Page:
Slaughterhouse 5 by Kurt Vonnegut

Perpetual Man

Tim James
Jun 13, 2006
I cannot remember why I suddenly decided to read Slaughterhouse Five, I think I might have seen an article written about it, or perhaps the bombing of Dresden during World War II that mentioned it. Whatever it might have been it was enough to capture my interest and I picked it up.

I had heard about the book before, after all it is the type of title that stands out.

Slaughterhouse 5 or The Children’s Crusade A Duty-Dance with Death.

In the real world author Vonnegut was a member of a group of American prisoners of war, who were put to work in the German city of Dresden. They were present during the Allied bombing of the city, something the writer claims with some justification, was more devastating and horrendous than the atomic blast that destroyed Hiroshima.

The only reason he and his fellows survived was that, with the lack of any proper accommodation, Vonnegut and his fellows were given quarters in an disused abattoir: Schlachthof fünf.

Obviously telling such a story would be no easy task, so Vonnegut weaves the truth that he witnessed into a tale that can only be described as Science Fiction, but it is much more than that working in a number of different ways that as a piece of writing is quite extraordinary.

Ostensibly it is the story of Billy Pilgrim, a young man who goes to war. Through a series of events, mostly unfortunate he finds himself as a prisoner, ending up in Dresden during the bombing, where we are informed by the author that he was there, a shadowy figure in the background. But it is more than that as Pilgrim is a man unstuck in time. According to him he was/will be abducted by aliens. Aliens who see time differently to our constricted linear perception, where it flows forward. To them time is open, a place where everything happens all at once, where death is just something that happens, but it is not all the end as your life is something that happens simultaneously. Someone might be dead, but you still see them... If that makes any sense at all - Vonnegut explains it so much better.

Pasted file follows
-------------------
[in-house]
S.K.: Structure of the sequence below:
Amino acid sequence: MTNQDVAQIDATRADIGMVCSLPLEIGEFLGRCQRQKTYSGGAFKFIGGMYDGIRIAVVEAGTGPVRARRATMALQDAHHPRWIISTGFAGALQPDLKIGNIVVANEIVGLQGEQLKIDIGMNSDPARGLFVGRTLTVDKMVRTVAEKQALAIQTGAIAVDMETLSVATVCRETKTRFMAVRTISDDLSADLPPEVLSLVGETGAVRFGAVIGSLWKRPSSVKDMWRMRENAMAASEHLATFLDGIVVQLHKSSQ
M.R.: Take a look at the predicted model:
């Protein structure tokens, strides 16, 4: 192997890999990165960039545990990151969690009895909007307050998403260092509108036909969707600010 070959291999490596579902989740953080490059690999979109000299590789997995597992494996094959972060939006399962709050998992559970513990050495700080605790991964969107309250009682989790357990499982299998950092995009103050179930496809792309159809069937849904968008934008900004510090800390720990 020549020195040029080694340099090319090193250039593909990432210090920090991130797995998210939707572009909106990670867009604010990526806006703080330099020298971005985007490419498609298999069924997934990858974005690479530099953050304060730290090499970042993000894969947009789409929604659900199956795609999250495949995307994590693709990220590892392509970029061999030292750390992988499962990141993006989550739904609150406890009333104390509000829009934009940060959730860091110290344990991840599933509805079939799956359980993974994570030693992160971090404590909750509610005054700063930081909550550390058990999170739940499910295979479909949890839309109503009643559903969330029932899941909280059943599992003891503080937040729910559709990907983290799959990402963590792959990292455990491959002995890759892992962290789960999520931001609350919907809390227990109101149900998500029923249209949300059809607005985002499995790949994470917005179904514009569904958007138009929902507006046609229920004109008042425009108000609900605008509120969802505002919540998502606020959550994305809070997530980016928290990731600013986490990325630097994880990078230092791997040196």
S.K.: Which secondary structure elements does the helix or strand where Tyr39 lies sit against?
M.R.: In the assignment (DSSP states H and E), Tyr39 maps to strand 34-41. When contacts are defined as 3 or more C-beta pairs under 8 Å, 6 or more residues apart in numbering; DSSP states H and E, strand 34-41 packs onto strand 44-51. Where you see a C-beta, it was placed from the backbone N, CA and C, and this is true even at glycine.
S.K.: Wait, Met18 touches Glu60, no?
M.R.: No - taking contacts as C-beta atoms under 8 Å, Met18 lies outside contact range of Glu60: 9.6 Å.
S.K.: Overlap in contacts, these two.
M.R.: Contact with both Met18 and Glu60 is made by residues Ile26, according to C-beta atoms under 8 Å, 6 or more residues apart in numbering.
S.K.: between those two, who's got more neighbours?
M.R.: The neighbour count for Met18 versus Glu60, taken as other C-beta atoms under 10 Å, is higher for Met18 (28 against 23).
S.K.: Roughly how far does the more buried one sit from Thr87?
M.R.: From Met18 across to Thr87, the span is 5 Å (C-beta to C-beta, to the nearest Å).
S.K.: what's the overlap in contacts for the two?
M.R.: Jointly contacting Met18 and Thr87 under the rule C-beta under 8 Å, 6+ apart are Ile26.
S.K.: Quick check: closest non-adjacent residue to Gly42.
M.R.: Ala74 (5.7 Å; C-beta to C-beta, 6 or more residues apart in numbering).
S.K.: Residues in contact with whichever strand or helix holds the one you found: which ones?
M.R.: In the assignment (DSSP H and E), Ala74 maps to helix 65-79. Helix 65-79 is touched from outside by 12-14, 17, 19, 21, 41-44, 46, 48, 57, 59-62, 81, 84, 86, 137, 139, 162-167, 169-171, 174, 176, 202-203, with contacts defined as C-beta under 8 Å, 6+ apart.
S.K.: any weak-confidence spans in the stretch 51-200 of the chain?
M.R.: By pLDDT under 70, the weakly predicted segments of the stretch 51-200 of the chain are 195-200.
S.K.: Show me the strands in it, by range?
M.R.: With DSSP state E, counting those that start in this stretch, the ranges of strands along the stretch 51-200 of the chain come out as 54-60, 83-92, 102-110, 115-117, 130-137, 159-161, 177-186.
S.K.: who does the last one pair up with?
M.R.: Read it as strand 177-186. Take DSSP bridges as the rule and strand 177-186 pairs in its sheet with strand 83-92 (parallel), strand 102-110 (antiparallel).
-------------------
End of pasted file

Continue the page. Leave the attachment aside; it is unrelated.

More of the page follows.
Through this method we are shown all of Pilgrim’s life, as he pulls us to different parts of his life, allowing us to see it all, in what might seem to us Earthlings a disjointed manner, but it complete by the time you finish the novel; with Dresden being the centre piece.

So we see his early years, his marriage and his career, his time at war, his success and failures, his time abducted by aliens and his death. So it goes.

There is more to it though. The first chapter is Vonnegut telling us what is to come. How fictitious this part of the book is, is open to question, but it concludes with the writer telling you how the book will begin and how it will end. Quite incredible.

The book is definitely a modern classic, well written but in a style that it can almost call it’s own. For myself, even never reading it many of the character names were familiar - Billy Pilgrim, Roland Weary and Kilgore Trout - a pulp science fiction author who appears in a number of Vonnegut’s novels.